The mere possession of monopoly power, and the concomitant charging of monopoly prices, it not only lawful; it is an important element of the free-market system. The opportunity to charge monopoly prices — at least for a short period — is what attracts “business acumen” in the first place; it induces risk taking that produces innovation and economic growth.
(Though European Law has a provision for preventing dominant firms charging high prices, it is rarely employed). So stopping firms from charging high prices endangers the necessary thrust of innovation at its source. And, because the internet has opened the world of business to global competition and forced prices down for consumers, it is ever more necessary to look at price discrimination as a legitimate method of making profit and preserving the incentive to innovate. Now, price discrimination is a controversial topic and when there’s such a direct trade off between high prices (in this case theoretically as high as possible) and long-term dynamic efficiency, there is a balance to be struck. But I was surprised that nearly every speaker at the conference who mentioned price discrimination presupposed that it was a “problem” and did not consider the effects that banning it could have on long-term incentives to innovate.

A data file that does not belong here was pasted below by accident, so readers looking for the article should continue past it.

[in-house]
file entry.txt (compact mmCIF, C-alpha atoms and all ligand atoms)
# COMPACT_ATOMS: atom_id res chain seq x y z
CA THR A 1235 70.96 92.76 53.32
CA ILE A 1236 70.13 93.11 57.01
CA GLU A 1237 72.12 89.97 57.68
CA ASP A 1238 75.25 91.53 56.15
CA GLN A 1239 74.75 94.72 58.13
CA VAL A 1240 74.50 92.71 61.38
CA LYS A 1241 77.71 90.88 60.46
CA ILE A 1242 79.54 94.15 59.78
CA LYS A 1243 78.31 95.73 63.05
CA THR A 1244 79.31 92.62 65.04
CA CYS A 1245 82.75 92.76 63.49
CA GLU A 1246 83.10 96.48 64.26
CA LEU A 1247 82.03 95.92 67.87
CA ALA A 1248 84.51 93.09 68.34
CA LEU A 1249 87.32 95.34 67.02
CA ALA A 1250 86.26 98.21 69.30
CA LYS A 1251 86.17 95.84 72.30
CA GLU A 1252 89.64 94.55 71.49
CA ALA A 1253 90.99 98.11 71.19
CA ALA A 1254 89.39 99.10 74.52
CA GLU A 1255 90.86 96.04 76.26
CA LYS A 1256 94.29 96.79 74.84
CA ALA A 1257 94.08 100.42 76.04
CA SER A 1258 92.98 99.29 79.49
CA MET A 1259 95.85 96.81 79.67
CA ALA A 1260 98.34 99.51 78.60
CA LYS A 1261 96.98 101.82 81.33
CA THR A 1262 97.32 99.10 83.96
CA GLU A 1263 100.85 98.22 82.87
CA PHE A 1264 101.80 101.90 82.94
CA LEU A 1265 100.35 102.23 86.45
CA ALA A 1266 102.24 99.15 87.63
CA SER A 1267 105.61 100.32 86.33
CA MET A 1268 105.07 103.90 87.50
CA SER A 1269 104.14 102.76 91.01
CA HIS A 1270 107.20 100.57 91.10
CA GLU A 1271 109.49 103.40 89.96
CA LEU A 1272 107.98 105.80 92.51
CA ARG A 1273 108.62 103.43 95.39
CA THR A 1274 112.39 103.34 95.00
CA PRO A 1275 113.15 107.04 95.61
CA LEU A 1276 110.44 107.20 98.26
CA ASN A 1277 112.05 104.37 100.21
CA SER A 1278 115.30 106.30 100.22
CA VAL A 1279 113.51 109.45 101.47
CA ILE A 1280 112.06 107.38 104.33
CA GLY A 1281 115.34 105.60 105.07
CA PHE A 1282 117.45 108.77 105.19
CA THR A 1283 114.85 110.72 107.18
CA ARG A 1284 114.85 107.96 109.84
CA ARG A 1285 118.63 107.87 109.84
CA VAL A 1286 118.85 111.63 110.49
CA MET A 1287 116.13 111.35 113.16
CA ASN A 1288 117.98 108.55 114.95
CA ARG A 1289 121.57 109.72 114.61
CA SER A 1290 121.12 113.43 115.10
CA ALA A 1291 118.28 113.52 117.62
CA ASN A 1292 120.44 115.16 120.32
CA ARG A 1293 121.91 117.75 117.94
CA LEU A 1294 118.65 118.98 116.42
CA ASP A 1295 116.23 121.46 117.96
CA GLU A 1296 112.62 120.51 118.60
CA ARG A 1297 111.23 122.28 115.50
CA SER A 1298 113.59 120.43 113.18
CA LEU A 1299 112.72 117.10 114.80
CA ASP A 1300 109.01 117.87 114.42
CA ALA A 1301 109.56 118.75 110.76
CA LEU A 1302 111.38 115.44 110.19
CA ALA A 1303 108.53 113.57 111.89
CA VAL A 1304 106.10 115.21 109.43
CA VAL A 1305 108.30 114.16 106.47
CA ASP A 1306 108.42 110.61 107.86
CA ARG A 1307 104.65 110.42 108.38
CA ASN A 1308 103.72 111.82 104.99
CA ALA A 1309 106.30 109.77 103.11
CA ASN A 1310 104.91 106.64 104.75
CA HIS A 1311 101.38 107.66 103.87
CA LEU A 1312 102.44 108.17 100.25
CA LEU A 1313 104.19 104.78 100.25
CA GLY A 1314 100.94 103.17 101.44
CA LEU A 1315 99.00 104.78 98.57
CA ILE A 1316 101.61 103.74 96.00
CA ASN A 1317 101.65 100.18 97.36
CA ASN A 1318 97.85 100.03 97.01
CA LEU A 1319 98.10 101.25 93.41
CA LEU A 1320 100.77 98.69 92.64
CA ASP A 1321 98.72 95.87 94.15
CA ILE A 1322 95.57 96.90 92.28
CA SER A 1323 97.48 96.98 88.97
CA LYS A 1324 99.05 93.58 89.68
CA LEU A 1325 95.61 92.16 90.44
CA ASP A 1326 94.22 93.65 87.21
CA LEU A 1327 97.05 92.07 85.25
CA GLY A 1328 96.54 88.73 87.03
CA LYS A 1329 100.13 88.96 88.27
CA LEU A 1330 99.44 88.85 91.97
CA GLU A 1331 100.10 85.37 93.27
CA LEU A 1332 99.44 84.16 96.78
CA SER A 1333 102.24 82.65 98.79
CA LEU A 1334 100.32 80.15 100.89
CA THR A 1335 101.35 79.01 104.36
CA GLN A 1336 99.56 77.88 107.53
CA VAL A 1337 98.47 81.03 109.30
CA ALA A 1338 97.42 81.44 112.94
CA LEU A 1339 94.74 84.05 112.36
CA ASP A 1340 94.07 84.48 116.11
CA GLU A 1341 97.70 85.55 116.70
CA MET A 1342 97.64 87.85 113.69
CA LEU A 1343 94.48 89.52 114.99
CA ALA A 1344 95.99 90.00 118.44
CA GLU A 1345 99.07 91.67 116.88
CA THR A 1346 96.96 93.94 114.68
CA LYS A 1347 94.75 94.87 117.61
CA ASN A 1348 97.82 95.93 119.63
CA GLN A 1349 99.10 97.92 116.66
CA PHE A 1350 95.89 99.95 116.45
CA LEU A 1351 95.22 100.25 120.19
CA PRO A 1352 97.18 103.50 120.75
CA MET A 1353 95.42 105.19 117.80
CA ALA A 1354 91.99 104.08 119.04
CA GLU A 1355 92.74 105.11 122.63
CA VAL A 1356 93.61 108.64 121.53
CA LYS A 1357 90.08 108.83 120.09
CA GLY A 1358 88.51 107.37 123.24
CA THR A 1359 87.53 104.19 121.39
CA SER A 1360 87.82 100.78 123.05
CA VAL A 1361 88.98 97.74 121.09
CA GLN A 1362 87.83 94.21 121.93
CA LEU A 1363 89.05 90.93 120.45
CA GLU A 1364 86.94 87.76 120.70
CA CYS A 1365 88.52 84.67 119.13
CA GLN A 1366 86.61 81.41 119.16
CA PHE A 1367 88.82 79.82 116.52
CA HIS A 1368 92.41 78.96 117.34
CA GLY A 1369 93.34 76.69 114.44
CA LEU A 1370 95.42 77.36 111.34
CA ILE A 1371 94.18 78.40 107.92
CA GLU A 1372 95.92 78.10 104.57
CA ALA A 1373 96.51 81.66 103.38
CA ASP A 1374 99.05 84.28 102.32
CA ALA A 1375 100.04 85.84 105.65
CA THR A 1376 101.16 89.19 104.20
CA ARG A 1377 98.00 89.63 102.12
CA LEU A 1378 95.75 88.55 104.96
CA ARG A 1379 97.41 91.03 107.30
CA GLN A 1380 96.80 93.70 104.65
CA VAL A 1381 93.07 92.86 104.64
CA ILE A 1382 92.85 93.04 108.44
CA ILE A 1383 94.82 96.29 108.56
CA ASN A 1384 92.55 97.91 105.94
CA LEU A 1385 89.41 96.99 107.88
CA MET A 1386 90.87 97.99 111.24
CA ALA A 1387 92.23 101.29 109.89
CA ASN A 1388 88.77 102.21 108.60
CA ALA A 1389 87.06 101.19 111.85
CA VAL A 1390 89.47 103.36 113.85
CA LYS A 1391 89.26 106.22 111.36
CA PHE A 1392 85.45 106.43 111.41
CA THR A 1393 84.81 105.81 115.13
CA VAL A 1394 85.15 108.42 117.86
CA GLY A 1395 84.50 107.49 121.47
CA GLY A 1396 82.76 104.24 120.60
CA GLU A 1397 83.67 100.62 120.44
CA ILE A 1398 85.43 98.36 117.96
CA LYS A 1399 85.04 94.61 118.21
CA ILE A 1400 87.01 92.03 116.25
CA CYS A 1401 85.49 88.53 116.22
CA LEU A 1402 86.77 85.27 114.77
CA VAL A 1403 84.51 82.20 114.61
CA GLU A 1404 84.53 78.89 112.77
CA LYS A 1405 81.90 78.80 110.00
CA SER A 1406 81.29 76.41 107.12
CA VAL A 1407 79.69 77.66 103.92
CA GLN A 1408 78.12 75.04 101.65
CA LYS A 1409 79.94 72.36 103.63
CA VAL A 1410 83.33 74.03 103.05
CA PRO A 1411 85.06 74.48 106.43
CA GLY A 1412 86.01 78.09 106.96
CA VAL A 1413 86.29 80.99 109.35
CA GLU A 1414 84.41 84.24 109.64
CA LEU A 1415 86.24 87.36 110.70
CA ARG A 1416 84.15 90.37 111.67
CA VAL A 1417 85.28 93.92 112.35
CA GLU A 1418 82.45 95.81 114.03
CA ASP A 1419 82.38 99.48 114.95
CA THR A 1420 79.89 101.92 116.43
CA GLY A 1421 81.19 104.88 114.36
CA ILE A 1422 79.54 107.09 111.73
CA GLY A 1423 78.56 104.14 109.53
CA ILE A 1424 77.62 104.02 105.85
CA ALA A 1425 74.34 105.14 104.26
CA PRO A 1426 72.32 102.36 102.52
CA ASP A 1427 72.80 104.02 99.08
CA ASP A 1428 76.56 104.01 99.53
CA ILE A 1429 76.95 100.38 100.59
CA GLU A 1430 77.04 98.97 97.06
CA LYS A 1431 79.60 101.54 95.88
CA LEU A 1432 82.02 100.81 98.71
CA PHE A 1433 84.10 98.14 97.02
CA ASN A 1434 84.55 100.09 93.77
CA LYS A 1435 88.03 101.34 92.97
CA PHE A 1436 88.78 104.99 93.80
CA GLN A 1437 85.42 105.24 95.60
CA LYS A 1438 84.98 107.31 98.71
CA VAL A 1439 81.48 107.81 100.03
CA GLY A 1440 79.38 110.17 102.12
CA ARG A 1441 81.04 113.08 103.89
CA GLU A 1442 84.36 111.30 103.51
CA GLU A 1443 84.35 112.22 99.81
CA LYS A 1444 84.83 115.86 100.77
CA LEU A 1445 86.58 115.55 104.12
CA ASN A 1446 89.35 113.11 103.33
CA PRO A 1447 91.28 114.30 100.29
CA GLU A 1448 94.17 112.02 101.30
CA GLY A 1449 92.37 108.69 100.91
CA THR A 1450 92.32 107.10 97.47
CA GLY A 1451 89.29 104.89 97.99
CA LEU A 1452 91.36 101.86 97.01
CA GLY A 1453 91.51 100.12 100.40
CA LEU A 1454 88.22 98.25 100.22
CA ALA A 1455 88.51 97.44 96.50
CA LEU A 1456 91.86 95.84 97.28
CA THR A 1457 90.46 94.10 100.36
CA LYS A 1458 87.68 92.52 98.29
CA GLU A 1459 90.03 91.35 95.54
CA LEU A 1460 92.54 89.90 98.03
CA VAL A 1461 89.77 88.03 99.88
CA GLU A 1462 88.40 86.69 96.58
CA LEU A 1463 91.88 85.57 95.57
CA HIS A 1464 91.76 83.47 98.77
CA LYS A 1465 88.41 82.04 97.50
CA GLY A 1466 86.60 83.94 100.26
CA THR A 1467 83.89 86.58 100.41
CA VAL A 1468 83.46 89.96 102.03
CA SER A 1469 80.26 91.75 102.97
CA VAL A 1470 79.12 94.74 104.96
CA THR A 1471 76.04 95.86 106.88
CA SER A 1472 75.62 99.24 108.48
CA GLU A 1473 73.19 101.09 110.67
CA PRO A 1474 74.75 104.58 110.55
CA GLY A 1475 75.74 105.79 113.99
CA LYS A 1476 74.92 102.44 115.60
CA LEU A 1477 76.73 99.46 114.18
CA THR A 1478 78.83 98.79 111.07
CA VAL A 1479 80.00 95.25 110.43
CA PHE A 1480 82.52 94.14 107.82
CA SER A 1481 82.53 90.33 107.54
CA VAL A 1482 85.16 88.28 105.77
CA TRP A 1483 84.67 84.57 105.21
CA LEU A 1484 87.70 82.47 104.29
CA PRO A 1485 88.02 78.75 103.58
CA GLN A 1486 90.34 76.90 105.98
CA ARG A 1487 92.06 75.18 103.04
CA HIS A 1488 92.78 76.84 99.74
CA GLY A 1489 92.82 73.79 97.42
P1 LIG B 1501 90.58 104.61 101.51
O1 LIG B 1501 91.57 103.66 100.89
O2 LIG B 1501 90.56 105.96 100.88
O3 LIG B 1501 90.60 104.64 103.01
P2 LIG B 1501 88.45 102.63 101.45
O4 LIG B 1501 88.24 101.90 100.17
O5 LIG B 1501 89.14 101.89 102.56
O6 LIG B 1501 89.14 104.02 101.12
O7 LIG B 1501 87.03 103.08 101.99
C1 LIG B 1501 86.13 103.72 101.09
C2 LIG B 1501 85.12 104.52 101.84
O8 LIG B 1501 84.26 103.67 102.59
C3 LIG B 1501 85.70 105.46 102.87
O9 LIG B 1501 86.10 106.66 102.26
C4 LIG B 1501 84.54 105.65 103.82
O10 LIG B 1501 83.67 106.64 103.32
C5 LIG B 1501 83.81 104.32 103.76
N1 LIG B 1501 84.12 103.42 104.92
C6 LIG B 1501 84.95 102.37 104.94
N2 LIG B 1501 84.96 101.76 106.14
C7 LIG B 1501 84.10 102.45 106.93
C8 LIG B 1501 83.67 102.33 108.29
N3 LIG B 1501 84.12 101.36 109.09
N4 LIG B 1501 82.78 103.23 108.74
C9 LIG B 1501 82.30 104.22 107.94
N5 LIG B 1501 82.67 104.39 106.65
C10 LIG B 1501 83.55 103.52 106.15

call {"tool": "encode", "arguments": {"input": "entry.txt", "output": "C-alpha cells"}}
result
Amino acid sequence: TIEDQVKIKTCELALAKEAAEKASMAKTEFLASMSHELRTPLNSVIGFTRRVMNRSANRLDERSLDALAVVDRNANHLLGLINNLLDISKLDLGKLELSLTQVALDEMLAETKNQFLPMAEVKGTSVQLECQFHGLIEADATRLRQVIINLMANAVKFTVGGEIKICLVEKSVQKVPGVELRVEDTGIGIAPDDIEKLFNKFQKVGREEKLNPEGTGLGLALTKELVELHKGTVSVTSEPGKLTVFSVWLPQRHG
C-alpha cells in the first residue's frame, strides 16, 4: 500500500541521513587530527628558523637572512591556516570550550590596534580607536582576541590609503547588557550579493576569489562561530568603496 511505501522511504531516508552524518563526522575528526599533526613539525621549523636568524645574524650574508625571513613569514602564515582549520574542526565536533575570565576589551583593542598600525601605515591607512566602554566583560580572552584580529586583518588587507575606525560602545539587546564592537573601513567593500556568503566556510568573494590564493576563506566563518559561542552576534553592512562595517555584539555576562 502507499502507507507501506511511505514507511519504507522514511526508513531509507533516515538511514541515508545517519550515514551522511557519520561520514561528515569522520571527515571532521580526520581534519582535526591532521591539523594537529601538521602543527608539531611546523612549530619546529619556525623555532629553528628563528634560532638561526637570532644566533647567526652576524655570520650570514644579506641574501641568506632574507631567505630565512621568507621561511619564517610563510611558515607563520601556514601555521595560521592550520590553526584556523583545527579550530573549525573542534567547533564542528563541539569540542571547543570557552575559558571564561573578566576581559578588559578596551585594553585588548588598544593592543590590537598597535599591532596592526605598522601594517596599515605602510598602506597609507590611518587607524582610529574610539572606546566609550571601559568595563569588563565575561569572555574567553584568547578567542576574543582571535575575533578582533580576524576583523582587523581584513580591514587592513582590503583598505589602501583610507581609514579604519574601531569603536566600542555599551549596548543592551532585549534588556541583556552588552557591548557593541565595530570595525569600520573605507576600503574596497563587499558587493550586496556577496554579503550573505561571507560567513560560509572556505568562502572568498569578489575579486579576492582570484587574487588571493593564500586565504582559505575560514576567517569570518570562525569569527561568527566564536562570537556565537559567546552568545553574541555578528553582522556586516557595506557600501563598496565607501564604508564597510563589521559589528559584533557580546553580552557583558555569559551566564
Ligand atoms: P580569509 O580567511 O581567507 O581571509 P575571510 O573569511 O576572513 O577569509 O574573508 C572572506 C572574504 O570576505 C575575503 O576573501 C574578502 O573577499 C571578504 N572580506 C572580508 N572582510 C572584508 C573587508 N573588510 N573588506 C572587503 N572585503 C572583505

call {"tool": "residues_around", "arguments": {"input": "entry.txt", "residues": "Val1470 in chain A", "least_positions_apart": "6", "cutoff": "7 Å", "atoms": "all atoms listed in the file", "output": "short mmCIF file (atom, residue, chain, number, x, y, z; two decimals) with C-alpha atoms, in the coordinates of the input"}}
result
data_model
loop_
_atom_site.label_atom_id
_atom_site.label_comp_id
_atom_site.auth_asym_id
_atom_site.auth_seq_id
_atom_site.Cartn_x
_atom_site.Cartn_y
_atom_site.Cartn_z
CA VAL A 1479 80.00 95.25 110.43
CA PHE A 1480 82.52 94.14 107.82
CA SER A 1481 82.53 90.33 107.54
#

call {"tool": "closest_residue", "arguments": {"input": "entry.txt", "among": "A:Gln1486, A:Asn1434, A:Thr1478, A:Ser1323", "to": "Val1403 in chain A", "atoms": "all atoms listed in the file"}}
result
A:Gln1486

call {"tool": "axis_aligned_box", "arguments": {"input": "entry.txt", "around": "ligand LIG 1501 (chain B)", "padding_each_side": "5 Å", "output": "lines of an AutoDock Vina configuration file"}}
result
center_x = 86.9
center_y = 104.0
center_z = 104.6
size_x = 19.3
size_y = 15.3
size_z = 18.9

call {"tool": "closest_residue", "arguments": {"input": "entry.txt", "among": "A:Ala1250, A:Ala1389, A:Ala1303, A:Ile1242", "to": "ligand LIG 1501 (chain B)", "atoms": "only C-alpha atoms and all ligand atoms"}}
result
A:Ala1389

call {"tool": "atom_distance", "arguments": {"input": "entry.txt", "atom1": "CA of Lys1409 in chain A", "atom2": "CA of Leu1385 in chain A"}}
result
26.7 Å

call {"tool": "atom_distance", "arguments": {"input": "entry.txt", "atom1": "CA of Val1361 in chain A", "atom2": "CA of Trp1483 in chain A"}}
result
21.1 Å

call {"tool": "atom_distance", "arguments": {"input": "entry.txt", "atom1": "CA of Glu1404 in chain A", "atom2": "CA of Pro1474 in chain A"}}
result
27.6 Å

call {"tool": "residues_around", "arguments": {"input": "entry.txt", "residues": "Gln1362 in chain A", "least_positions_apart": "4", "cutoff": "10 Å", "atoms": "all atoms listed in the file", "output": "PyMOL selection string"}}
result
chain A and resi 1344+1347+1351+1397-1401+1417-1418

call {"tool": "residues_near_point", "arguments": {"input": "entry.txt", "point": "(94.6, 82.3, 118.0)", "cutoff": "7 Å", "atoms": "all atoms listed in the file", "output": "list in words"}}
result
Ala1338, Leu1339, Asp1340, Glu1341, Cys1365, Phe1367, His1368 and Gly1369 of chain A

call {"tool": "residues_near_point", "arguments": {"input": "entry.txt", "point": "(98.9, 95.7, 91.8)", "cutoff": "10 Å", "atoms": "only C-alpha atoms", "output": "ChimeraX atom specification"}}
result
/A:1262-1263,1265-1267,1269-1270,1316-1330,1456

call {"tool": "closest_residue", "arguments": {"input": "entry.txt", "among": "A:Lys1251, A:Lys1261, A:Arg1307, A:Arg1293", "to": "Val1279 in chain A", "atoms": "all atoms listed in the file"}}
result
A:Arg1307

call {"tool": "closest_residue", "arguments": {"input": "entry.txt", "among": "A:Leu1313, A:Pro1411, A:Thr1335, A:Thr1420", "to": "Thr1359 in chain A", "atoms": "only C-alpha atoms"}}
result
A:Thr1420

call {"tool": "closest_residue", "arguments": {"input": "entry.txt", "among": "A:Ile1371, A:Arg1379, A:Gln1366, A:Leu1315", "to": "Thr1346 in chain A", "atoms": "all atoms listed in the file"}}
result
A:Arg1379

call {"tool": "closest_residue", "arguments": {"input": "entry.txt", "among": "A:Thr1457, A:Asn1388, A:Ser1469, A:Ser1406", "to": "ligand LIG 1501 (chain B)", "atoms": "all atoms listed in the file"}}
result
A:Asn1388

We all value our privacy, and the interface between data privacy and competition law is increasingly taking centre stage. But the purpose of competition law is to serve consumers and consumer welfare in the long-run, which includes, as part of its mandate, getting the balance right between maximising consumer surplus in the short-run and ensuring that more and more new products and services reach the market in the long-run. A necessary part of achieving this is allowing firms to charge above-competitive prices, such that they have a pecuniary interest in innovating. But this notion of long-run efficiency, along with other Chicago School concepts, were openly shunned at the EDPS Big Data conference, making me — and, I’m sure, the US antitrust practitioners and scholars in the room — hot under the neck.